Tillerson meets Putin amid ‘low point’ in US-Russia ties

World Today

The U.S. said relations with Russia are at a ‘low point,’ but both countries said they are willing to improve ties.

This comes as U.S. Secretary of State, Rex Tillerson, visited Moscow for talks with his Russian counterpart, and a meeting with President Vladimir Putin.

Last week’s U.S. strike on a Syrian air base dominated talks, with both sides still not seeing eye-to-eye.

CGTN’s Julia Lyubova reports.

Tillerson meets Putin amid ‘low point’ in US-Russia ties

The U.S. said relations with Russia are at a ‘low point,’ but both countries said they are willing to improve ties. This comes as U.S. Secretary of State, Rex Tillerson, visited Moscow for talks with his Russian counterpart, and a meeting with President Vladimir Putin. Last week’s U.S. strike on a Syrian air base dominated talks, with both sides still not seeing eye-to-eye. CGTN’s Julia Lyubova reports.

Despite rolling out a red carpet for the U.S. Secretary of State upon his arrival in Moscow, the Kremlin delivered a frosty reception to Rex Tillerson in a face-off over Syria. Moscow insists that an “unbiased” international investigation is needed to establish who carried out the chemical attack in Syria on April 4.

“We need concrete evidence on Russia hacks and chemical attacks. Right now just words, not facts,” said Sergey Lavrov, Russia’s Foreign Minister.

After initially declining a meeting between Rex Tillerson and Vladimir Putin, the Kremlin agreed to it at the last minute. Lavrov said the meeting between Tillerson and Putin lasted for over two hours.

Tillerson said the U.S. has conclusive evidence that the Syrian government planned and executed the chemical attack in the town of Khan Sheikhoun that left at least 89 people dead. The Syrian government denies this.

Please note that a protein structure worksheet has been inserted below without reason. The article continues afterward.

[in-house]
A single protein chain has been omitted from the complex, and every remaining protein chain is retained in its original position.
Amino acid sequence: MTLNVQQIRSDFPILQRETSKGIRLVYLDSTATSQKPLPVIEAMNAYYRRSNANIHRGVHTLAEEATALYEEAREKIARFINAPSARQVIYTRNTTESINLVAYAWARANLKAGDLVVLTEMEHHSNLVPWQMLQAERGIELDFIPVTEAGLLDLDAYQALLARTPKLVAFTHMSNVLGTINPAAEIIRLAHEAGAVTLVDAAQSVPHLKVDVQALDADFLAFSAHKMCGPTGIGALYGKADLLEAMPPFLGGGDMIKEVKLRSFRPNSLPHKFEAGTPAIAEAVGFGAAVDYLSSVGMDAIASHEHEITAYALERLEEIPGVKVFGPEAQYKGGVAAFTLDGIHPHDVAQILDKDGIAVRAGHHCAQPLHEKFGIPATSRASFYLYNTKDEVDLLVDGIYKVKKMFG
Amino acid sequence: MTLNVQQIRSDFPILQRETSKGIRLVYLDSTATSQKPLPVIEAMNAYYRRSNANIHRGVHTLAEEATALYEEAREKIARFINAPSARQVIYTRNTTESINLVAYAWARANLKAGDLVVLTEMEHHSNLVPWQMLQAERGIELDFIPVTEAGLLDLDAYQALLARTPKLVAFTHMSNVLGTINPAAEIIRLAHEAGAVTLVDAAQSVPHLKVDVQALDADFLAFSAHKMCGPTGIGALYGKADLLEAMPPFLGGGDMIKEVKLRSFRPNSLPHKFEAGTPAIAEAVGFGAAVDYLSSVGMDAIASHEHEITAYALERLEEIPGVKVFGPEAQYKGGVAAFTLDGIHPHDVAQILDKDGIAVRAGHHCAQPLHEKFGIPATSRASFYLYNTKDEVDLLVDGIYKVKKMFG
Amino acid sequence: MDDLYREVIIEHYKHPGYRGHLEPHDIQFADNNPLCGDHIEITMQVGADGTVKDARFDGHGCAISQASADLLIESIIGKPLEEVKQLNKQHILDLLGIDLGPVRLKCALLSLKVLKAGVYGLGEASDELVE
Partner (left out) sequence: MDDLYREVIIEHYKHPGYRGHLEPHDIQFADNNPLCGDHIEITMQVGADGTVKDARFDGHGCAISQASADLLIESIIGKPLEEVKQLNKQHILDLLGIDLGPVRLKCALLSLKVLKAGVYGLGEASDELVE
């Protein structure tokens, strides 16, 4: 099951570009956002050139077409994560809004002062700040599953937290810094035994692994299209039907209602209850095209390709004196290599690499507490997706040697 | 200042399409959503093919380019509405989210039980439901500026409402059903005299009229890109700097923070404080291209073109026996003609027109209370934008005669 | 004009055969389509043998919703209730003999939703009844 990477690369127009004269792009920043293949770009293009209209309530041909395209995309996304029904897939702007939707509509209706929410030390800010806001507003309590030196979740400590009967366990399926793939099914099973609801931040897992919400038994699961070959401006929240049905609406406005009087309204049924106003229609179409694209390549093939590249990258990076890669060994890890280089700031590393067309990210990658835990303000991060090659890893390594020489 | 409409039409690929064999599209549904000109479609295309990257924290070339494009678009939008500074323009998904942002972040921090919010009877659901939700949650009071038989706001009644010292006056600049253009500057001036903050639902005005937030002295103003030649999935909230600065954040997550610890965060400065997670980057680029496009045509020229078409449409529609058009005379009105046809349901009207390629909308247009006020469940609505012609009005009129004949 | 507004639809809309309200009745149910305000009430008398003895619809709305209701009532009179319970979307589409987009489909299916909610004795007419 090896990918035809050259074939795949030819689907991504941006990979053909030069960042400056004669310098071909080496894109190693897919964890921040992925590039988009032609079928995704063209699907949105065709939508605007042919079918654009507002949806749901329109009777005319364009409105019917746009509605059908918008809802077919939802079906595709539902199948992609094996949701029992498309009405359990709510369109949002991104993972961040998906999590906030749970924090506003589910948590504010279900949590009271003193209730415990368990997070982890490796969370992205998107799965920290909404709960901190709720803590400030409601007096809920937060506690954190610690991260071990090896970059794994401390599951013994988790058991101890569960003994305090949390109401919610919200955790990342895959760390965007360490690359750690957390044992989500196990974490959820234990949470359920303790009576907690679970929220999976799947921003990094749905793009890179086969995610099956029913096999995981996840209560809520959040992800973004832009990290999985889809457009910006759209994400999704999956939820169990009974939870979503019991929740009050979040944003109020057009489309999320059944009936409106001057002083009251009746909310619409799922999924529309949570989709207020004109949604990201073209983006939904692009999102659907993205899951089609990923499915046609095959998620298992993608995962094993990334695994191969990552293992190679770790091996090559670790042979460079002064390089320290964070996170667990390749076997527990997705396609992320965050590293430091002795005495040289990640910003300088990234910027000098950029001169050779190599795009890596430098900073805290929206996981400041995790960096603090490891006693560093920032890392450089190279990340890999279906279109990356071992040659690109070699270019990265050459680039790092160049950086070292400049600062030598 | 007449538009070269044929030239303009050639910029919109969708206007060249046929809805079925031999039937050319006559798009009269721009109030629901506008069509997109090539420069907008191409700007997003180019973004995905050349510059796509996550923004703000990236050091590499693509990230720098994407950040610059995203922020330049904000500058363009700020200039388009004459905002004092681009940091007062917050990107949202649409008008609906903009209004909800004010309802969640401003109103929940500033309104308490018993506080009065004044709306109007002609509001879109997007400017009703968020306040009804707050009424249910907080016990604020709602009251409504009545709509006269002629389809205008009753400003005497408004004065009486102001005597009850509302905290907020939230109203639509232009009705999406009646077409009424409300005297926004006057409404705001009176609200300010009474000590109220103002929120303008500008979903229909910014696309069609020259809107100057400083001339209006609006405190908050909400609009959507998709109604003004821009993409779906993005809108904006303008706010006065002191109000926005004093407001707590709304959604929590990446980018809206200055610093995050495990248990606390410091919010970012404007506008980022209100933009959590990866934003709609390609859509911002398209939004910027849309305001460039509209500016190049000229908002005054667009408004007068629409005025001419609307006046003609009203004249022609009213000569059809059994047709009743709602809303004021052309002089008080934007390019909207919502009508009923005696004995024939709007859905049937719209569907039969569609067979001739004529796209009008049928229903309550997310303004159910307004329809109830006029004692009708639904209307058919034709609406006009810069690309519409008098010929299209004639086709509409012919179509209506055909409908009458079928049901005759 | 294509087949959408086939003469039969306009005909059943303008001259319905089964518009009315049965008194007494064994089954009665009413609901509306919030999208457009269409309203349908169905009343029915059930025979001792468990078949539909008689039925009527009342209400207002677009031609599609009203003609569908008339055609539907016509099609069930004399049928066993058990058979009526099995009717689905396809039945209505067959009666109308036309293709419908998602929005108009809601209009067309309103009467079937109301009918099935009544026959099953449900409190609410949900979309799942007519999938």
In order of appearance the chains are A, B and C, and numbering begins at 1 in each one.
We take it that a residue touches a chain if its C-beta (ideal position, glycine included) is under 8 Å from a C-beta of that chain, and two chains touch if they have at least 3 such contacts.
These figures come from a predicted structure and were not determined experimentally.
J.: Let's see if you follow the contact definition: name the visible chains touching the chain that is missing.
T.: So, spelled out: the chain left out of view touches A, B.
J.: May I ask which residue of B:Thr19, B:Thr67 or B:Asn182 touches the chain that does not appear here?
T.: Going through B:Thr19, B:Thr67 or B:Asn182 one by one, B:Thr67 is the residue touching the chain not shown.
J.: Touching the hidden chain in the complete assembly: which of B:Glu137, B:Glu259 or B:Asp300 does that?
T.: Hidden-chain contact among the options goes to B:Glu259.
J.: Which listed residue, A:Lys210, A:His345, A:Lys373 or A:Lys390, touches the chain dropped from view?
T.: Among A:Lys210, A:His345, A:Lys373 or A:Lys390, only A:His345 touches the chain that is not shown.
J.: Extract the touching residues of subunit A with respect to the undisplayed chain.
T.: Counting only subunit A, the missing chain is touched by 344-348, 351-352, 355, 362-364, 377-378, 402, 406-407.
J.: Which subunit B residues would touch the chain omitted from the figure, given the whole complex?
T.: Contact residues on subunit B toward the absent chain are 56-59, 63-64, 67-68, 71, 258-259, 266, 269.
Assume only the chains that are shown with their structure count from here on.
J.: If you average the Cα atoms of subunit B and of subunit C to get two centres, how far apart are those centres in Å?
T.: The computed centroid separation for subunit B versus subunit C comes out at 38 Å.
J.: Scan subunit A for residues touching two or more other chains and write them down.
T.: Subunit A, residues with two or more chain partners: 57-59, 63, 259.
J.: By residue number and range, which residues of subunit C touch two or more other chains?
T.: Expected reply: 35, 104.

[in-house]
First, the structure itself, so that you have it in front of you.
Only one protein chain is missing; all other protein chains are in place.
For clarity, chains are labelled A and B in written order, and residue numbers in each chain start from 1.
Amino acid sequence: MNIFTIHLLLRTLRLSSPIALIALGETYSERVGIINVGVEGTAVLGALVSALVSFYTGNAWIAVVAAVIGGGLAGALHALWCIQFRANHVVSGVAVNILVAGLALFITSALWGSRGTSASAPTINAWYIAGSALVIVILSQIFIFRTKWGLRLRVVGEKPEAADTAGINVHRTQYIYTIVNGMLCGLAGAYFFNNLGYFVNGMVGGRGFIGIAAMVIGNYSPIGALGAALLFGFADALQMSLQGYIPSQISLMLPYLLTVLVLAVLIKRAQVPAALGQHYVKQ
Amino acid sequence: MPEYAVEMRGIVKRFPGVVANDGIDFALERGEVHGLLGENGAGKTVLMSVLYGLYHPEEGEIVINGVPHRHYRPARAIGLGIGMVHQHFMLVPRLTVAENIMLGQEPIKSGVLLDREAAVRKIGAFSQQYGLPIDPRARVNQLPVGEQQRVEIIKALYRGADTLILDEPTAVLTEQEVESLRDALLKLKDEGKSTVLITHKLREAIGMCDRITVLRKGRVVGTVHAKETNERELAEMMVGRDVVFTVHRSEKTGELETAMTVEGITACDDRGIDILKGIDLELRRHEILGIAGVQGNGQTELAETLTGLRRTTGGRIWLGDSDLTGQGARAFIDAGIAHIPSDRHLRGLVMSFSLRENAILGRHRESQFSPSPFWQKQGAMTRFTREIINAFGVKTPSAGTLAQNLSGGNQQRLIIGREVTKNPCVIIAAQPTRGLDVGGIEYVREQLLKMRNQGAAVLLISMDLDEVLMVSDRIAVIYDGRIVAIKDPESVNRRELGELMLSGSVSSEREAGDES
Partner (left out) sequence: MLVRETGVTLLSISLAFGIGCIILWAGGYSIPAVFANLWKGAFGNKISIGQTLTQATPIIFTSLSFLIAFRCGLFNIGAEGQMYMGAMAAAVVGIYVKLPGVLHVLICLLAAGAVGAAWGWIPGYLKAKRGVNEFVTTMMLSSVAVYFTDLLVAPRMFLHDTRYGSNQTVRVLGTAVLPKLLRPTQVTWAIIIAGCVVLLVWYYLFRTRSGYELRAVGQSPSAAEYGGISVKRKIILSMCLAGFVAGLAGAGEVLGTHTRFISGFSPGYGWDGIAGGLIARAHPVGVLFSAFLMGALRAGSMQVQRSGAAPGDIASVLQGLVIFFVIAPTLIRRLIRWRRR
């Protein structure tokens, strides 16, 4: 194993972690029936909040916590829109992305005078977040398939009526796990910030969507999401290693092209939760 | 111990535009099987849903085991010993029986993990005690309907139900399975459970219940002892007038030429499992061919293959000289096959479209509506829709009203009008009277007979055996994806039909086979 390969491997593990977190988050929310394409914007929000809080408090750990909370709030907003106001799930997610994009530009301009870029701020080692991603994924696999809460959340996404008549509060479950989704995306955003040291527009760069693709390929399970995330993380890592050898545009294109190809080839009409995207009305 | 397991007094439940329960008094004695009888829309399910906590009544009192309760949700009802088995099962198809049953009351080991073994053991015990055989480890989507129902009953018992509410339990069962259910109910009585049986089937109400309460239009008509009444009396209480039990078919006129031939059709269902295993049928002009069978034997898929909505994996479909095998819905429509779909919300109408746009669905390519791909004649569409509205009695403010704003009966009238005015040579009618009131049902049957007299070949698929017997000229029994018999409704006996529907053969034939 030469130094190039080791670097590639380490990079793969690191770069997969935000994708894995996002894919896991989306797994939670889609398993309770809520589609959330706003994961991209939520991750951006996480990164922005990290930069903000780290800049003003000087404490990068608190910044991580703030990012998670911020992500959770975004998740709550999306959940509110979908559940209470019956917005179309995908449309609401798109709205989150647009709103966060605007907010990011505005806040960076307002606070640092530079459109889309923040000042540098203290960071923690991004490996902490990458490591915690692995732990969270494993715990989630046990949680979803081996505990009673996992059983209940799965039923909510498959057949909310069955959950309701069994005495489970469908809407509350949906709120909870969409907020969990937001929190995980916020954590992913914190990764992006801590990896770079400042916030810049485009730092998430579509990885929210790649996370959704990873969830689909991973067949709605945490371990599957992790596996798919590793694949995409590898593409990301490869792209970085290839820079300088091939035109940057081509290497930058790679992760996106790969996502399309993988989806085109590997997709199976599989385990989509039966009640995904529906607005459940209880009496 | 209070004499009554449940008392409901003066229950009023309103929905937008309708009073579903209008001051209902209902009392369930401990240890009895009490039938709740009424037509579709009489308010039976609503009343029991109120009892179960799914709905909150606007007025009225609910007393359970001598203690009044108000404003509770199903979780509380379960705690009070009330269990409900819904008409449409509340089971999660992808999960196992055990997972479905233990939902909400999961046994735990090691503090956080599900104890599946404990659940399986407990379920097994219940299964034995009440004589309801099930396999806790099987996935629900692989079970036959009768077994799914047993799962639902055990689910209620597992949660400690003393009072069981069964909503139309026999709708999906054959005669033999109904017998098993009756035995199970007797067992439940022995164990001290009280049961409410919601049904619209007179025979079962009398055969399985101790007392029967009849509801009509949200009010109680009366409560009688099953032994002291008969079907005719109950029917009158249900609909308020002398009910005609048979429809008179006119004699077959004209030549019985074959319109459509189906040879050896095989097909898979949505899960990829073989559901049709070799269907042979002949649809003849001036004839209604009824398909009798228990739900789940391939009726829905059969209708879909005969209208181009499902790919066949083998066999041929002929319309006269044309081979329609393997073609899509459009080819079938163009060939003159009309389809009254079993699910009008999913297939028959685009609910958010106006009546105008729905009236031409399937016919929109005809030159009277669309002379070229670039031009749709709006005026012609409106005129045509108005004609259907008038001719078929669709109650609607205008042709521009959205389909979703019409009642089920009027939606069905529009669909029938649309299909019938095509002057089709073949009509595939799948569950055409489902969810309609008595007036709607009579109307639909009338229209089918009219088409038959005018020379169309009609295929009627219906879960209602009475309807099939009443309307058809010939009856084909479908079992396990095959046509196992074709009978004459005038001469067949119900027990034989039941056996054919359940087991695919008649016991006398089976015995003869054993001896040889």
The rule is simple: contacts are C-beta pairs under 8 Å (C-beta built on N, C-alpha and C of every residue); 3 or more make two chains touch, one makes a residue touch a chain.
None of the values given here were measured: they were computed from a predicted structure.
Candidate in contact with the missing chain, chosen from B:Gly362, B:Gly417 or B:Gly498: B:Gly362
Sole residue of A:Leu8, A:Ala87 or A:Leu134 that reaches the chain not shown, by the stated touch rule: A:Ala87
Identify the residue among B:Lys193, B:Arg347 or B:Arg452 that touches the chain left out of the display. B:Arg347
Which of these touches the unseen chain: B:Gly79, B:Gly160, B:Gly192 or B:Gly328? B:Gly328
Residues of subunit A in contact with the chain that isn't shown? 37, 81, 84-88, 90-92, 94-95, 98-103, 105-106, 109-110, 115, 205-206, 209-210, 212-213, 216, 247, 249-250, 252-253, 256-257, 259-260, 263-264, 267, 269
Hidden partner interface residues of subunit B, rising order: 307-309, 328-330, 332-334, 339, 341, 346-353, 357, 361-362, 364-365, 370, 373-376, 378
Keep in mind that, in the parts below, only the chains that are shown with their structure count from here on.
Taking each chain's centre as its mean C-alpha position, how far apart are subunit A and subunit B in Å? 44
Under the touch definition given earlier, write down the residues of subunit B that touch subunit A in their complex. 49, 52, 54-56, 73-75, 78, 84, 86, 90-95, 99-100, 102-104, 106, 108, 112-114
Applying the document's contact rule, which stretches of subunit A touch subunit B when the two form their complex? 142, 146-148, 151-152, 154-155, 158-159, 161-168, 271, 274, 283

“What we do know- and we have very firm and high confidence in our conclusions- that the attack was carried out and planned by the regime forces at the direction of al-Assad,” Tillerson said.

Moscow signaled its continuing support for the Syrian government Tuesday when Putin said he expected more ‘provocations’ were being planned by rebel forces, looking to make future chemical attacks appear carried out by Damascus. He offered no proof to back his claims.

Russia has been defending Syrian President Bashar al-Assad, saying that there’s no evidence that the Syrian government was behind the chemical attack. Instead, Moscow maintains the Syrian army hit a rebel depot containing chemical weapons.

The two sides spoke of the low-level of trust between them and the U.S., noting it’s an unacceptable state of strain between the world’s two biggest nuclear powers. In one small positive note, both sides said a working group at the foreign ministry level will be established, with hopes of improving ties.


Ivan Eland discusses US-Russia relations and NATO

For more on U.S.-Russia relationship and NATO, CGTN’s Mike Walter spoke with Ivan Eland, senior fellow and director of the Center on Peace & Liberty at the Independent Institute.